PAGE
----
Higher Sales often means a higher APR
If you agree to repay your MCA as a percentage of credit card sales the APR may depend not just on the total fees paid but also on the pace at which you repay the loan. If your sales are weak, your payments will be lower and it will take you longer to repay. In that case your APR drops. If credit card sales are high, you repay the MCA faster and, subsequently, APR goes up. For example, the company might offer you a $100,000 MCA with a factor rate of 1.25, for a total repayment of $125,000. If you repay it in just six months, the APR would be a minimum of 50%. If you repay it in 12 months, the APR would be a minimum of 25%.
There is no savings if you pre-pay
Because you are paying a fixed amount as a percentage of sales you get no interest savings if you pre-pay.
There is little or no regulation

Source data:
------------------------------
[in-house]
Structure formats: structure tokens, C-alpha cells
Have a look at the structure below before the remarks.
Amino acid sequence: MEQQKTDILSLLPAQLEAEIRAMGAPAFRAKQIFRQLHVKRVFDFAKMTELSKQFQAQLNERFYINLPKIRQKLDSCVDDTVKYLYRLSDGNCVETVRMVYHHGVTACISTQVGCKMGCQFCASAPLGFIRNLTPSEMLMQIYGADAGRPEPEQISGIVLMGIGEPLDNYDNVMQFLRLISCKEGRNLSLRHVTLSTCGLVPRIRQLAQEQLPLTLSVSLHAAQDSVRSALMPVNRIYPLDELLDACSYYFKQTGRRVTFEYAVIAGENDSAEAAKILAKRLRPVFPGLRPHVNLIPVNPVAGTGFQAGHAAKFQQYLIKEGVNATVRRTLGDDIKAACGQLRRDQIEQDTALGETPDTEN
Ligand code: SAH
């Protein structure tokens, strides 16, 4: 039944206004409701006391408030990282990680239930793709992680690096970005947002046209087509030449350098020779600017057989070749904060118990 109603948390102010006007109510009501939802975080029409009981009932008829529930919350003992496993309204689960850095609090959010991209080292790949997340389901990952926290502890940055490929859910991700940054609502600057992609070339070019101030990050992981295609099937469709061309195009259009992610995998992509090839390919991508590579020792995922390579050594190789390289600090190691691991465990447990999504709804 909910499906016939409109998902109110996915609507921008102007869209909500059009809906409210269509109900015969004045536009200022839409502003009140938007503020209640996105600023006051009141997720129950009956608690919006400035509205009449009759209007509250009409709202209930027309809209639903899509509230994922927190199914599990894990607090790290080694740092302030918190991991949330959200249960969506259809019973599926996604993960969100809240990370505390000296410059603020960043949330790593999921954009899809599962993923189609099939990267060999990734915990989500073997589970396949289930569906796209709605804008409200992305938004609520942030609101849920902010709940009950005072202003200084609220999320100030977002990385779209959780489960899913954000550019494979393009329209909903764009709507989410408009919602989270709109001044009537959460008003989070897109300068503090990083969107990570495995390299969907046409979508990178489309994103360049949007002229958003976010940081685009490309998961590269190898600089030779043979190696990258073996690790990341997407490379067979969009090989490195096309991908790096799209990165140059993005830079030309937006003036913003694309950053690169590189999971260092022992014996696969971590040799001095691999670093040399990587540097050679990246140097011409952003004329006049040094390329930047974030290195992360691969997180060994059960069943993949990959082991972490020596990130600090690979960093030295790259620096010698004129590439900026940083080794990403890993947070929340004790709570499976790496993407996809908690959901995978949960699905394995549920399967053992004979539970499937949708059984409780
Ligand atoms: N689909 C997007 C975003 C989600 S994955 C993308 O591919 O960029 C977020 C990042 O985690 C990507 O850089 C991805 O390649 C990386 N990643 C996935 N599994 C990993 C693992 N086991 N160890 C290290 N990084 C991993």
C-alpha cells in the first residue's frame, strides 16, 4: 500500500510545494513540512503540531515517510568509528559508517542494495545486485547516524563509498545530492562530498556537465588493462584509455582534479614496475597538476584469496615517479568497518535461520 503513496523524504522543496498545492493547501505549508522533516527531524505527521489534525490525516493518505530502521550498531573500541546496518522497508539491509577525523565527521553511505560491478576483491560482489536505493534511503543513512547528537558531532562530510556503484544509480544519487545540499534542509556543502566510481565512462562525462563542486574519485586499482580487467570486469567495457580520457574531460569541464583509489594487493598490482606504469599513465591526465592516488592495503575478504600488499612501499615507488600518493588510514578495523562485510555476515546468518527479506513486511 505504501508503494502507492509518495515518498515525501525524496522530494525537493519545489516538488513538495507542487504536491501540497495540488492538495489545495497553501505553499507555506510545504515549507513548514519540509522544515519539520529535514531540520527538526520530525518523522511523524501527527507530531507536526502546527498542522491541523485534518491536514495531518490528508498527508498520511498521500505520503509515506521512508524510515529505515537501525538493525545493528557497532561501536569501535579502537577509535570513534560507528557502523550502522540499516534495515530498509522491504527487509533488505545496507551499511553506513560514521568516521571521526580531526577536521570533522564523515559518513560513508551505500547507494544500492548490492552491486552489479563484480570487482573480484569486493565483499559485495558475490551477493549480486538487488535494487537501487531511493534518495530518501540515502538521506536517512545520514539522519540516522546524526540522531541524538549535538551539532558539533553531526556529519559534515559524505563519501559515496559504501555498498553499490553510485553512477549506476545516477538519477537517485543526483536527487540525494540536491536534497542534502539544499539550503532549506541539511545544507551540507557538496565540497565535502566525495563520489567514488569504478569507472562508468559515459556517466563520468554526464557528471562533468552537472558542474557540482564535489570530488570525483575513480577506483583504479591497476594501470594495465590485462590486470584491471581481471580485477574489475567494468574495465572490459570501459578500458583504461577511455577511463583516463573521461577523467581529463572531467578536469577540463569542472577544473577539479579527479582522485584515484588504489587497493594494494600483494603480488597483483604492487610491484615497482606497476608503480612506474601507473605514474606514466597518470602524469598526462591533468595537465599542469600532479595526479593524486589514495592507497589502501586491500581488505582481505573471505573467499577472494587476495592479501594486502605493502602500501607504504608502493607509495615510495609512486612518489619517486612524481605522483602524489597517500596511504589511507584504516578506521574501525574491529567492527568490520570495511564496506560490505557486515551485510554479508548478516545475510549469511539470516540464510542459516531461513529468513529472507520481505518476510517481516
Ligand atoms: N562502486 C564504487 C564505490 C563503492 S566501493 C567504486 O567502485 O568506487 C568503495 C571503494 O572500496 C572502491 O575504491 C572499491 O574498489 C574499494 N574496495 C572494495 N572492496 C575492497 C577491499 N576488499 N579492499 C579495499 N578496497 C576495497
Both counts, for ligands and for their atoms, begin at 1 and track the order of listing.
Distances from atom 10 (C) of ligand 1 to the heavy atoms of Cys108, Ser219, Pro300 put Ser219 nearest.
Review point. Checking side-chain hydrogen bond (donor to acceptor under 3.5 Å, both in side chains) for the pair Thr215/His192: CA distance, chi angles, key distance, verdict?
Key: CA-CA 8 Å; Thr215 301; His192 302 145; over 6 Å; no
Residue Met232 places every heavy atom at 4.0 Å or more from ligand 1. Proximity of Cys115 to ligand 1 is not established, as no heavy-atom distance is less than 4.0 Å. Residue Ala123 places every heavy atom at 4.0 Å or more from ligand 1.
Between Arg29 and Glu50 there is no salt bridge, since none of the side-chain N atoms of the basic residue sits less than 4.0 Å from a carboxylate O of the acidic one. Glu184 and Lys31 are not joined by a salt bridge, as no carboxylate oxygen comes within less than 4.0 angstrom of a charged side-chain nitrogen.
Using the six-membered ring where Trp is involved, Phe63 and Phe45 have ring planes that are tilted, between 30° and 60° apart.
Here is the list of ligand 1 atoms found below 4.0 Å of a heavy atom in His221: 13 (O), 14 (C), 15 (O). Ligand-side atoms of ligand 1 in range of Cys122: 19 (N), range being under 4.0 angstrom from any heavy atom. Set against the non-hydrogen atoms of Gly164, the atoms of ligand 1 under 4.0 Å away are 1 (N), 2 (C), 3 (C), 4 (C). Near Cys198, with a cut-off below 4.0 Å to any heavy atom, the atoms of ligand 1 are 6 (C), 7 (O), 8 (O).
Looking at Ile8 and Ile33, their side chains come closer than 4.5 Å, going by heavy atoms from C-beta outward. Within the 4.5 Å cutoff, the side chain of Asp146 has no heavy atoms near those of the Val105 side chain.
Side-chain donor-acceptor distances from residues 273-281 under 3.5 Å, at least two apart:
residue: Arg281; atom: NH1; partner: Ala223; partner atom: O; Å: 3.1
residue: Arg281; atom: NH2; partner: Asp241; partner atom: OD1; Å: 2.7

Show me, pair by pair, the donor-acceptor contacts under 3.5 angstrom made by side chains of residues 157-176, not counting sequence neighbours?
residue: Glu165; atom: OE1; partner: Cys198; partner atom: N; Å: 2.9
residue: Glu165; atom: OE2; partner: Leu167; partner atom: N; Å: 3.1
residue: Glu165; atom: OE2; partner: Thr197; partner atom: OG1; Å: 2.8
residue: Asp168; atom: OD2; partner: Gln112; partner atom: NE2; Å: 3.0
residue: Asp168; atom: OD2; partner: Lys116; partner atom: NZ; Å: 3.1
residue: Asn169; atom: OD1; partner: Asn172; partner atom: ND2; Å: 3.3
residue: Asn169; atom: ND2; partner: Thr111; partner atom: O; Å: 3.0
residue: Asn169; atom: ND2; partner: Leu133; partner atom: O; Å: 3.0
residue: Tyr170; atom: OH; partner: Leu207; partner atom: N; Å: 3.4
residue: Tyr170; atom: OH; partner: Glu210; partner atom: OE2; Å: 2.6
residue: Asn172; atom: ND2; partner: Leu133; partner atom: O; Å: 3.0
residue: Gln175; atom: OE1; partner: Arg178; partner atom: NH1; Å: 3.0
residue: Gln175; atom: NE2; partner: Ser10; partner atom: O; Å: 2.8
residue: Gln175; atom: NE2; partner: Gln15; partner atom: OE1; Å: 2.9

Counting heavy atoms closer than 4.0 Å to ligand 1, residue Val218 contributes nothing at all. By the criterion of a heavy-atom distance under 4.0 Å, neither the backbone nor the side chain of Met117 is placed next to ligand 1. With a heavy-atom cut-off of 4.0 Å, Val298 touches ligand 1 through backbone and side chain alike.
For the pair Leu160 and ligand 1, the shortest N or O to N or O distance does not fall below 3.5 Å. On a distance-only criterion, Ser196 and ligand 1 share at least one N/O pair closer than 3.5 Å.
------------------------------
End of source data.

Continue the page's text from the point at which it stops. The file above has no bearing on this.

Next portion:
Because it is not considered a loan, an MCA is not covered by Federal government regulation like most other loan types. They are treated as commercial transactions and in most cases they are subject to general uniform commercial code (UCC) rules. The bottom line is that business owners must exercise extreme diligence when entering into such an agreement.
Contracts can be complex
While there is relatively little paperwork, MCA's can come with complex legal contracts. It is wise to consult an attorney or at the very least, carefully read the contract before signing.